LabVIEW was released for OS X starting in June of 2003 when version 7.0 was shipped. It is fully functional and is compatible with LabVIEW on all other platforms. As of LabVIEW version 7.X, Mac OS 9 will not be supported. However all previous versions do run under classic emulation while running OS X.
Access to instruments can be made thru ethernet (tcp/ip) and serial ports. The Keyspan Twin Serial adaptor seems to work. If you use it under classic emulation use the drivers installed under classic.
For GPIB access, NI recommends use of their ENET-GPIB device that communicates thru TCP/IP to a GPIB interface. Besides being more expensive than a PCI card, it also requires that the drivers be purchased in addition from NI.
However a few of us have created a native OS X driver for the GPIB card,
PCI-GPIB. The bulk of the work and the inital port was done by Bela Farago
of the Institut Laue-Langevin. This driver seems to work well and has been
used successfully for work with both LabVIEW and Igor to access GPIB
devices. Currently you need to do the installation by hand, but the
instructions are fairly simplle. This file has only been tested under OS X
10.2.X (Jaguar). I recommend trying the second file that has much improved
PCI-GPIB driver for Mac OS X 10.2 only
A Mac OS X 10.3.X (Panther version) is done as well as a significant update
to the included LabVIEW Library. The driver is based on NI's DDK and their
code has to be purchased, however I am willing to make my patches and
changes to this code freely available. Their DDK is not all that complete
and is why the driver does not integrate seamlessly into the current VISA
PCI-GPIB driver for Mac OS X 10.3 and 10.2
PCI-GPIB driver for Mac OS X 10.3 and 10.2 that should work with more cards
There is be a C interface for NI-DAQmx Base. On all platforms, NI is writing the driver in LabVIEW and then using the Application Builder to create a shared library for the C interface. Just like the LabVIEW interface, the C interface will be a subset of the NI-DAQmx C API. It's pretty cool that they use LabVIEW to create a C driver.
There was also a public demo of the new USB-DAQ units running under OS X This uses the new release of NI-VISA which supports USB connections. So again this is a cross platform solution!
There is another little known solution that lets one use the best development environment with NI hardware. One can use a cheap PC as the host for all the hardware running the PharLap RT/OS as the target machine. This gets around the extreme cost of a PXI crate and embedded hardware. The link gives a list of supported boards and hardware.
With LabVIEW 7.1 the "host PC" can be an Apple MacIntosh running OS X! The realtime target can be any cheap PC, though NI lists some systems as recommended it seems that the RT/OS will boot and run on most hardware.
Mac OS X and LV 7.1 now support cross compiling for the RT/OS. This can be simply linked to the host thru ethernet. For a good solution one should probably throw a second cheap ethernet interface in the host to keep network problems isolated from data transfer and control.
This will allow development in a clean, reliable and efficient environment with compatibility to all of NIs hardware. The only real drawback is supporting the hardware of a cheap wintel box and the time labor associated with that. However the Pharlap OS has a reputation of being fairly clean and robust to avoid the normal problems associated with more common desktop OSs. The drawbacks are that a plain beige box PeeCee is not the most reliable/robust platform and that you do need to maintain another machine.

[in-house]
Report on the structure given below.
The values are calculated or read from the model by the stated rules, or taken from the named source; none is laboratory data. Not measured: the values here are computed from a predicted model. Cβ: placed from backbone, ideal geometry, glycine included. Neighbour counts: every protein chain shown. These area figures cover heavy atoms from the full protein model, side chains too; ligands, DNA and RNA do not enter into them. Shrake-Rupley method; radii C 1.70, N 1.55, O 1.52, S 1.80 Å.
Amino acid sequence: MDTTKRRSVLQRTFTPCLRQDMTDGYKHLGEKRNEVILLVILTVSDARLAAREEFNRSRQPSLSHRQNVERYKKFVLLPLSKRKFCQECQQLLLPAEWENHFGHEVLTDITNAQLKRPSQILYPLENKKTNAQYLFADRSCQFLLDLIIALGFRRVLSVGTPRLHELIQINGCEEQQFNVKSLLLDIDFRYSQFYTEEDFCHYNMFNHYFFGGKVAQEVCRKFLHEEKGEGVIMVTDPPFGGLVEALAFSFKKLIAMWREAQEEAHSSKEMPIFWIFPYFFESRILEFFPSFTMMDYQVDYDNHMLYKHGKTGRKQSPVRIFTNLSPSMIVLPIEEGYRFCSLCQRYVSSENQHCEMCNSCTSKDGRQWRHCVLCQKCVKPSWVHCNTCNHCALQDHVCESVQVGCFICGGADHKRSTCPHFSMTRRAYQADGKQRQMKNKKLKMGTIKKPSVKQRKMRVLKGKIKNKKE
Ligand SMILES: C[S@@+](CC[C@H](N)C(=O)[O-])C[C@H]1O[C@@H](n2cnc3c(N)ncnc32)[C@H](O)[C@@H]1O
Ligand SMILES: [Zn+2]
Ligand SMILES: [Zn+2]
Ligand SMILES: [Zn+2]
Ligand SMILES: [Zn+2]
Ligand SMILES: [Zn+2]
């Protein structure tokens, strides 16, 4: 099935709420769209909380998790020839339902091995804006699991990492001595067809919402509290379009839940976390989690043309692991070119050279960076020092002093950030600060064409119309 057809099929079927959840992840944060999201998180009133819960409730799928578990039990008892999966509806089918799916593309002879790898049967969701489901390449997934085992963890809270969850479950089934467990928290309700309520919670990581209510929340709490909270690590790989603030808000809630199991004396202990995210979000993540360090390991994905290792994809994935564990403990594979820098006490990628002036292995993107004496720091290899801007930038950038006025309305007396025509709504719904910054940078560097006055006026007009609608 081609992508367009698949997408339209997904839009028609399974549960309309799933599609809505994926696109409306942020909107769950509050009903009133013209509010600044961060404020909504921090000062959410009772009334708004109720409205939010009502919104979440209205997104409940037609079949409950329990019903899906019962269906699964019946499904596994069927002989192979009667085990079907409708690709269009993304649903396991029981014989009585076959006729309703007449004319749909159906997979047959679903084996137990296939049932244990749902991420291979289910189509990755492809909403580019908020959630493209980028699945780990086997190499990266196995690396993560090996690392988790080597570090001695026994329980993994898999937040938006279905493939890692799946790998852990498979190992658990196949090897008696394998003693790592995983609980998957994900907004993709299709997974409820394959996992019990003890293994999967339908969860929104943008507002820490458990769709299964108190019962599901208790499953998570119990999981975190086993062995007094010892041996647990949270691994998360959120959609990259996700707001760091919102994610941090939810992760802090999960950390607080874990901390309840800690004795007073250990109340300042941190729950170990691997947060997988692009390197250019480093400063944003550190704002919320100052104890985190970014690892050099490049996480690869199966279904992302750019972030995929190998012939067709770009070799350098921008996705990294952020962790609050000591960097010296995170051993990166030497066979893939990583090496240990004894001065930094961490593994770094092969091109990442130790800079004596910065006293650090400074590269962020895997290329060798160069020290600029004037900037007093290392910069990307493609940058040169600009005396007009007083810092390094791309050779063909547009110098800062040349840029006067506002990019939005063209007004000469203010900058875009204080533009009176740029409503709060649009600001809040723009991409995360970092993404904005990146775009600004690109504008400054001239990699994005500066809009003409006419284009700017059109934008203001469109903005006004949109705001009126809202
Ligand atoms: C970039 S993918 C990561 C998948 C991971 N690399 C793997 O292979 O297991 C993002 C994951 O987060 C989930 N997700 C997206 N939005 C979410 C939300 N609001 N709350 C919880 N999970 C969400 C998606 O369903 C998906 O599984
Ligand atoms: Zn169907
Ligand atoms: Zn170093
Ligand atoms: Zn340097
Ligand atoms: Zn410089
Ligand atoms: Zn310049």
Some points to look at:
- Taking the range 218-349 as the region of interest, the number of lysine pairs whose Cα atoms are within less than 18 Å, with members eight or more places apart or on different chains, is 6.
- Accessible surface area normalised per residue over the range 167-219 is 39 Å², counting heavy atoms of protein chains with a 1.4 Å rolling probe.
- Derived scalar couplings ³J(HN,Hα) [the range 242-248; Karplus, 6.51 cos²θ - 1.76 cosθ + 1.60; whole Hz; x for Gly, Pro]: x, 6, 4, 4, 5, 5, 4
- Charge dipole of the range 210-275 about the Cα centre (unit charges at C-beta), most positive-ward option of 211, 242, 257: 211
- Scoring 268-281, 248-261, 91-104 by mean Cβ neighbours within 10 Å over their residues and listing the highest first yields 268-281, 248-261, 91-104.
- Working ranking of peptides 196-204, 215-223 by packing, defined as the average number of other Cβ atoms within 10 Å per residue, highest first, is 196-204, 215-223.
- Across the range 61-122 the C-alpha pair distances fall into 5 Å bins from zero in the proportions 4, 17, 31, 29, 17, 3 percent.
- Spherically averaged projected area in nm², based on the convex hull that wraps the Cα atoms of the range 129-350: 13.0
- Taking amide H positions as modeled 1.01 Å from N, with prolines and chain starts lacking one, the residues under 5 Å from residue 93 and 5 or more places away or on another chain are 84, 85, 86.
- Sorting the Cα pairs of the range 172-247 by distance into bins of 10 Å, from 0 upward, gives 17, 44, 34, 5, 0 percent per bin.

For native support NI has made available the Measurement Hardware Driver Development Kit (free download).
The Measurement HW DDK provides a set of multi-platform, register-level programming tools for NI PCI Data Acquisition devices. You can use LabVIEW or C to interface with the DDK. The Measurement Hardware DDK is designed for advanced customers developing OEM type systems. Support is available only through online newsgroups, downloads, and register-level programming manuals. Standard phone and email support is not available for the Measurement Hardware DDK. This solution is appropriate for smaller, less complex, systems that don't require the features and abstraction provided by NI-DAQ.
take a look at NI's downloadable Measurement Hardware DDK for LabVIEW 7. It
lets you write a DAQ driver in LabVIEW that will run on OS X, Linux,
PocketPC and Windows. For NI Week Richard Jennings put together an E
Series demo using AI, and another demo for the DSA 4452. Both these demos
are posted in the NI
MHDDK for LabVIEW works with PCI boards on OS X, Linux, and Windows. It works with PCMCIA cards on PocketPC. NI does provide some source code to use as a base for making your own drivers for other operating systems.
MHDDK for C++ also provides source code examples, but MHDDK for LabVIEW has much higher level examples. Writing your application using the Measurement HW DDK is much easier than writing your own driver. Boards suppored are 4452, 4472, 6110, DIO32HS, DIO96, and E Series.
"As of revision K (183617K-01), the PCI-GPIB card now supports 3.3V and 5V modes. This is in addition to the PCI-8212 and PCI-8232 (GPIB and Ethernet combination cards) which have always been keyed for universal signaling. Both cards can be used in either 3.3V or 5V PCI slots."
And a list of DAQ cards, that have been adapted to using PCI-X. These are also cards that will run off the newer 3.3V standard. This includes the popular PCI-MIO-16X series and 603X cards. About the same time the newer GPIB cards were converted. This was during 2002 so any card that is less than 2 years old has a good shot at working on the newer 3.3V bus systems. As usual, check with NI about any specific card or revision.
As always, there is a lot of information in the info-labview group. Join and post questions there.
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